Last week, the West Virginia University student newspaper reported on some recent changes to the school’s athletics program:
In 2003, then-West Virginia University President David Hardesty asked the athletic department to develop a strategic plan for the future.
Among the list of tasks athletic director Ed Pastilong and staff compiled were placing more of an emphasis on football, building better facilities and making more money – $500,000 more.
To implement these ideas, the department decided to make athletics cuts.
“We could’ve just chopped every team’s budget a little bit and just water-down the entire program, but we looked at all the options and this was the one we came up with,” said associate athletic director Russ Sharp.
As a result, the rifle, men’s tennis, men’s cross country and men’s indoor and outdoor track and field teams were cut from the budget in 2003.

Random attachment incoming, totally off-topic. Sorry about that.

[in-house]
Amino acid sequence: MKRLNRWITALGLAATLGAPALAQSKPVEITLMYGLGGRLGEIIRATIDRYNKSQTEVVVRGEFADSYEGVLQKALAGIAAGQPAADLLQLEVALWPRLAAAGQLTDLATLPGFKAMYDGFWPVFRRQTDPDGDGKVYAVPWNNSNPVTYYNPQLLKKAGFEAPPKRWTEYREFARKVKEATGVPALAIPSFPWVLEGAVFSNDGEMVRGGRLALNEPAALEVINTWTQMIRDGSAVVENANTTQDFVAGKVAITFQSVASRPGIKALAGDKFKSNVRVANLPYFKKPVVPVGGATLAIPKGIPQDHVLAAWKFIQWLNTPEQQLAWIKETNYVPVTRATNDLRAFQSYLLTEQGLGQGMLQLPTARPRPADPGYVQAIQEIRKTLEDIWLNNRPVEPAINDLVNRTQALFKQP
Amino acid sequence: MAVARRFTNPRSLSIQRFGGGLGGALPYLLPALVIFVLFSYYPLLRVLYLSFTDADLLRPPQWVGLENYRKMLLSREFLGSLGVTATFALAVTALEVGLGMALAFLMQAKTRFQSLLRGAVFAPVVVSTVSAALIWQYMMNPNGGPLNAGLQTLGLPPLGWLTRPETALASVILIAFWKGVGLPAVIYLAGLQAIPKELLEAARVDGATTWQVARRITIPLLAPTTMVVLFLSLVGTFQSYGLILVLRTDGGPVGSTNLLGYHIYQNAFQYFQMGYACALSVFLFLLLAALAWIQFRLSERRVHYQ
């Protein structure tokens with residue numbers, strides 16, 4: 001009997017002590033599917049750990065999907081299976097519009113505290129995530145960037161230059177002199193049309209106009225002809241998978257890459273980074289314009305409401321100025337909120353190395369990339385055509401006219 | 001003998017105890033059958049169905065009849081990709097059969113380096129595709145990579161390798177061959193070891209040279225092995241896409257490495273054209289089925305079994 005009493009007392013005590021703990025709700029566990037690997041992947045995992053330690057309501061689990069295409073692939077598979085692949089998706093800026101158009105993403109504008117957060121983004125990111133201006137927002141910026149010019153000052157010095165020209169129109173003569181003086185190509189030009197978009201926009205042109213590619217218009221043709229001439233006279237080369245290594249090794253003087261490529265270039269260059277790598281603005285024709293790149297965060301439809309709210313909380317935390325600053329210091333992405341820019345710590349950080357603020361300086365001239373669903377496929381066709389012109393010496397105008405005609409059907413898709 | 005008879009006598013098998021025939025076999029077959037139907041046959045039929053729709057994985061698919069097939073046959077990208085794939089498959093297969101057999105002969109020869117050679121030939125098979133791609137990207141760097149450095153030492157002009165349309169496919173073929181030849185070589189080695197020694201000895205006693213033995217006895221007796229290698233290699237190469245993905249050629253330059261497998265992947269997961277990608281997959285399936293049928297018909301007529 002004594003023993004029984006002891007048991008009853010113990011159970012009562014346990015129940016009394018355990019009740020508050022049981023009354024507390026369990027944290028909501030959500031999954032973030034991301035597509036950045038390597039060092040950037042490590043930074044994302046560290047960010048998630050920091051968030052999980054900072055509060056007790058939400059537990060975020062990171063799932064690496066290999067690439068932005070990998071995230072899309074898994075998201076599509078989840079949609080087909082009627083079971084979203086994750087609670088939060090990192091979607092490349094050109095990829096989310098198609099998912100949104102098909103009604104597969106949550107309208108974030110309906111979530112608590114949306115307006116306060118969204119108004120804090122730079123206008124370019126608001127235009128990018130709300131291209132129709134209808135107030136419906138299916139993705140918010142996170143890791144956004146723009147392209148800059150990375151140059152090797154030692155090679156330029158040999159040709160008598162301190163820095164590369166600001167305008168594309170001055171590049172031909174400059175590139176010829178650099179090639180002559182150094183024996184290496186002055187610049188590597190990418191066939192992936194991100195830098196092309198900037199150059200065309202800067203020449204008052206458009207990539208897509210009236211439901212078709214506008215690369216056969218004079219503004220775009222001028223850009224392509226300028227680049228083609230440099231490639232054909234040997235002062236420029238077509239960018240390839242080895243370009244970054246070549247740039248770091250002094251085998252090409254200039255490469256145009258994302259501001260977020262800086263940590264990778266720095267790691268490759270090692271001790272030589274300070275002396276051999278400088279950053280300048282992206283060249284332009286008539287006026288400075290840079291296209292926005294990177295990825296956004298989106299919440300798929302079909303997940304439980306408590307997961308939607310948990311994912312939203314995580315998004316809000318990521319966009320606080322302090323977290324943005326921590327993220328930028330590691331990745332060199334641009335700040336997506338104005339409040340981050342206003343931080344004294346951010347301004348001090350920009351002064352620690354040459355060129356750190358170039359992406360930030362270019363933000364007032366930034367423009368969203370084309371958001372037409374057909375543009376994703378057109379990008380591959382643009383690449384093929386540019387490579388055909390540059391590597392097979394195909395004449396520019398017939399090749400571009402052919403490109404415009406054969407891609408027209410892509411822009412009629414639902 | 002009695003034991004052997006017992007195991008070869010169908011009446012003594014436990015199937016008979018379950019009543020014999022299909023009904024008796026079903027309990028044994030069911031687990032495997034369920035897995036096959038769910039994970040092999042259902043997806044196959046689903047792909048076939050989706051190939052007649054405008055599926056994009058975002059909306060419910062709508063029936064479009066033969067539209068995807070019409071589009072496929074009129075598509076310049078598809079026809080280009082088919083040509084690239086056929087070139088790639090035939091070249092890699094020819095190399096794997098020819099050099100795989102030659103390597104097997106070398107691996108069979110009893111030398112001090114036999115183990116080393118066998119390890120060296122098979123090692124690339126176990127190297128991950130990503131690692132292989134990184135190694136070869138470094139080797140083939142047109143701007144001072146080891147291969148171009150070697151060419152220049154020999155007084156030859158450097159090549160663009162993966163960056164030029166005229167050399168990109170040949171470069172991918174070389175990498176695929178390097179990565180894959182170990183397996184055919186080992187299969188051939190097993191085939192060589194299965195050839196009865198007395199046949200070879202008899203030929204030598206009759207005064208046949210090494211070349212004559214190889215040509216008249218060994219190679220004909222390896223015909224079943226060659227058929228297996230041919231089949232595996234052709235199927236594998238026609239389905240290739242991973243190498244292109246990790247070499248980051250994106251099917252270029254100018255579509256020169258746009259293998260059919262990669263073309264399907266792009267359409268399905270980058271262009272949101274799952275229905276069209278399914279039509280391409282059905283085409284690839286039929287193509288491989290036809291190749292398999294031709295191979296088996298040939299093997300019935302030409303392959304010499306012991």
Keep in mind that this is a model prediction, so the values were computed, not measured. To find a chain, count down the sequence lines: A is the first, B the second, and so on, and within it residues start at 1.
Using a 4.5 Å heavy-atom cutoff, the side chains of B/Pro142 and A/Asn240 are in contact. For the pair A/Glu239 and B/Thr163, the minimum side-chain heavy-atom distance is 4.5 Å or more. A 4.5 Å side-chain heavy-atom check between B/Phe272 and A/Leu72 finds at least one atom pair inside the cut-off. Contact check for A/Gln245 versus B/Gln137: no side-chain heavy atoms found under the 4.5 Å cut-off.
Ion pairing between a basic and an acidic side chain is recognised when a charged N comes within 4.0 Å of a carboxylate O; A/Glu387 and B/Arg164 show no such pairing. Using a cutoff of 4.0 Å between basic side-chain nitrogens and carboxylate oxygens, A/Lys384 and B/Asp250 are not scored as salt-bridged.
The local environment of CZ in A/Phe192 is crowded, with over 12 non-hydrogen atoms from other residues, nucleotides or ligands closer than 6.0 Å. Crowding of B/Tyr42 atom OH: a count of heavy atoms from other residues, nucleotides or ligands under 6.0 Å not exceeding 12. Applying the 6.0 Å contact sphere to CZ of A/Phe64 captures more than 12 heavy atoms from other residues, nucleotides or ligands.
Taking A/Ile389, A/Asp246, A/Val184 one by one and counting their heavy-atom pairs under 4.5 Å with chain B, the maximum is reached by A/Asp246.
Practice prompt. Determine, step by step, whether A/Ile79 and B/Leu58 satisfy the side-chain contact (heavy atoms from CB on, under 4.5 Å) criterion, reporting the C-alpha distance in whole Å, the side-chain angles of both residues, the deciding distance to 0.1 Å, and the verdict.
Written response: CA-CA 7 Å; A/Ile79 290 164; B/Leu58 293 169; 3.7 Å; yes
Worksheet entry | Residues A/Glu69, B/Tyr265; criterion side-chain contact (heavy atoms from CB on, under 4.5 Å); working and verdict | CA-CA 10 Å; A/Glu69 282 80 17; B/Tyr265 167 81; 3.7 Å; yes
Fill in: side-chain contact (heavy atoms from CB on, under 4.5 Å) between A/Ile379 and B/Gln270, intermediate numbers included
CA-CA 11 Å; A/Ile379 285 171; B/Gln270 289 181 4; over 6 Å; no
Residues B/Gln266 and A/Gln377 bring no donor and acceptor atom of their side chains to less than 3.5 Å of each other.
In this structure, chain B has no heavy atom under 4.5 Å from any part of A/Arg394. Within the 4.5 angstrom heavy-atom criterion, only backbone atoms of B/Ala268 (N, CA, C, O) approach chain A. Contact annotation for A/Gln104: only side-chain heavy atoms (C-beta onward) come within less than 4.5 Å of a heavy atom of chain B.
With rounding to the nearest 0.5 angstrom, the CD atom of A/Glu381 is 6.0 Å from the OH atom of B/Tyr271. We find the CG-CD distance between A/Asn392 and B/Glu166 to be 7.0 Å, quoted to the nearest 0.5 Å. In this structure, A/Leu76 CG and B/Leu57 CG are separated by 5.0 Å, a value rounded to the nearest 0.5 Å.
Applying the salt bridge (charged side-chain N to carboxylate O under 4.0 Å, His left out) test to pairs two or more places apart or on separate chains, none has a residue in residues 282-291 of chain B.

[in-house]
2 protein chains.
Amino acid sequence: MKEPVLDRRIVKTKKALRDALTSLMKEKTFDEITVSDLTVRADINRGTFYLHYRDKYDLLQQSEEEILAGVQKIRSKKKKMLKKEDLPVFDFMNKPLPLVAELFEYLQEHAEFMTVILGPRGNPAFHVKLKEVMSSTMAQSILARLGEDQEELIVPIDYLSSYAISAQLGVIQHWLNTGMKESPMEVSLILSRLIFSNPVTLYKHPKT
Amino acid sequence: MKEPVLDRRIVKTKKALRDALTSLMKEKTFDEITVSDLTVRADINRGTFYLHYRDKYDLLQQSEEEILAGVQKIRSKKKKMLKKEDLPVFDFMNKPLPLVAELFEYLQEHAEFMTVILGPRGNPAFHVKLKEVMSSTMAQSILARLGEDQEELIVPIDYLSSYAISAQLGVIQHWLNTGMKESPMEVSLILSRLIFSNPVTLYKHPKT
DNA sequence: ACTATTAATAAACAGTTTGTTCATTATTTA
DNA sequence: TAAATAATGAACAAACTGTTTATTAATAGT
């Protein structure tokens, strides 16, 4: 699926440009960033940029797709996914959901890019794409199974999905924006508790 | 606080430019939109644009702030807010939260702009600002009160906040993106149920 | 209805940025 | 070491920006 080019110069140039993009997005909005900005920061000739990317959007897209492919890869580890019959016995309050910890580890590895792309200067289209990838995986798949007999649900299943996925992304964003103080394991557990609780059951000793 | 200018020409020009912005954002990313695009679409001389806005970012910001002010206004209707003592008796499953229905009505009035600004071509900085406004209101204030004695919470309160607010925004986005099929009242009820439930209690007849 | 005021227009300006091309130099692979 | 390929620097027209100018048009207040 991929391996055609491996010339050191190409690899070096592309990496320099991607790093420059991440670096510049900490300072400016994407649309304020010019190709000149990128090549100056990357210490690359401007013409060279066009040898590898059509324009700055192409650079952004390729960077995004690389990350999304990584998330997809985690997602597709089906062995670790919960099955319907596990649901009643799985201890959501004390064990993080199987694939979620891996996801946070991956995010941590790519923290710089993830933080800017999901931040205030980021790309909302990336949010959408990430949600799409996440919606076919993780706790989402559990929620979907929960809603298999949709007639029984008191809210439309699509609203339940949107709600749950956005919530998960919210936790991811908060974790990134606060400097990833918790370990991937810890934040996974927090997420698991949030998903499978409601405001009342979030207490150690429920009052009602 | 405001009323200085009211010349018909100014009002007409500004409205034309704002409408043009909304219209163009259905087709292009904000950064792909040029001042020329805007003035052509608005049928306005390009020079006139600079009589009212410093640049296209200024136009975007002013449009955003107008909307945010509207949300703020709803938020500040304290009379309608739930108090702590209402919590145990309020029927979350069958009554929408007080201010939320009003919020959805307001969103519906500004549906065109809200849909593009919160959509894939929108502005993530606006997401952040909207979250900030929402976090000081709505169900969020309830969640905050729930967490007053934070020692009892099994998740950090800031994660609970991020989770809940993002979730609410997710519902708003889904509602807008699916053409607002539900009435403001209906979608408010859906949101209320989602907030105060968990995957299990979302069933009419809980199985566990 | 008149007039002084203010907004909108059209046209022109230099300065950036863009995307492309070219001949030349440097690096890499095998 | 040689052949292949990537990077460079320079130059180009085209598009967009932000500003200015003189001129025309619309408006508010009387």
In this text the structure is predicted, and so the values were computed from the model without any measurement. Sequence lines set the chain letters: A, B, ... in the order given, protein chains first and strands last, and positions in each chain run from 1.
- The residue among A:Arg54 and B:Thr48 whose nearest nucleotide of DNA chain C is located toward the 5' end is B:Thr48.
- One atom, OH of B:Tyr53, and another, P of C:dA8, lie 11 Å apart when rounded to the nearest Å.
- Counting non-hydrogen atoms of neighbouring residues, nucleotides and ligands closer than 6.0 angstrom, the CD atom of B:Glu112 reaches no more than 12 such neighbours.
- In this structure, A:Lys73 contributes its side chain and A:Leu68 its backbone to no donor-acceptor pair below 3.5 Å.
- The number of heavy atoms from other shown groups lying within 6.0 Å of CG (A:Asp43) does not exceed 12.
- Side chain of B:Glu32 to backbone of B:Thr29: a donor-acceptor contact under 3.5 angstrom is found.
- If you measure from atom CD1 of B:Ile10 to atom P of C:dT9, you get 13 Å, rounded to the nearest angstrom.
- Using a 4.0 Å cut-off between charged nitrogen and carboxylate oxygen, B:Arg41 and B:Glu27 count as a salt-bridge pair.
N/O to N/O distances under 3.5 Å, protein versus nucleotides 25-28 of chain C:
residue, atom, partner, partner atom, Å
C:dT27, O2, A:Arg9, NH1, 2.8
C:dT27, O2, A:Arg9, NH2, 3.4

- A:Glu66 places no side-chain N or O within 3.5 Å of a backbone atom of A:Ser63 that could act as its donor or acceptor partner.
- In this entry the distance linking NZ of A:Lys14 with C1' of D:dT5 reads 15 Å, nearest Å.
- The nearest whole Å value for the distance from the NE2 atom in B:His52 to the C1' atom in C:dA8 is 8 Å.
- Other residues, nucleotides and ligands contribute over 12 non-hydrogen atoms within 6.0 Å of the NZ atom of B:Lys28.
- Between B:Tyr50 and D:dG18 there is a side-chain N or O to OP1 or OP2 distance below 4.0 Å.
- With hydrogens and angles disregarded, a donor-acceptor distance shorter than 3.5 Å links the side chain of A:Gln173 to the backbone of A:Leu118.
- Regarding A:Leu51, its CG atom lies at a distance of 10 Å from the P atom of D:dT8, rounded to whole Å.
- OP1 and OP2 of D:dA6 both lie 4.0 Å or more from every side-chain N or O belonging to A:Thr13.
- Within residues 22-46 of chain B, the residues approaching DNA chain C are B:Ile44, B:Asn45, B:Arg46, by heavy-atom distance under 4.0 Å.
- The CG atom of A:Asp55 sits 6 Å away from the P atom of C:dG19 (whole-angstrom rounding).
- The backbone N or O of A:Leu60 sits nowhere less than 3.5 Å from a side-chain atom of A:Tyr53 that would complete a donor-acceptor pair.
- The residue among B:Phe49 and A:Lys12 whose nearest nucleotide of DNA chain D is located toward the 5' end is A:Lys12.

But because 54 of 56 of those athletes were male, the athletic department was criticized for making cuts to meet Title IX requirements.
“We got a lot of flak,” Sharp said. “A lot of people, because they were all men’s sports, pointed to (Title IX). People went there even though it wasn’t the reason.
“The reality of it is, we didn’t do that for Title IX reasons.”
It is heartening to see athletics department officials not scapegoat Title IX as the reason for cuts in men’s sports. Associate AD Sharp lays out the facts – the school’s president wanted more of an emphasis on football, so they had to cut some men’s teams to accommodate the increase in spending on football.
Later in the article, Sharp admits that Title IX factored slightly into the decision to cut the men’s sports, saying, “We recognized at the time that any decision we made … we couldn’t drop three women’s sports. We couldn’t make our Title IX position worse.” This statement is consistent with the argument that feminists and supporters of women’s sports have been making for years: that it is expensive men’s sports that hurt the chances of smaller men’s sports succeeding, not offering women equal opportunity to participate in athletics.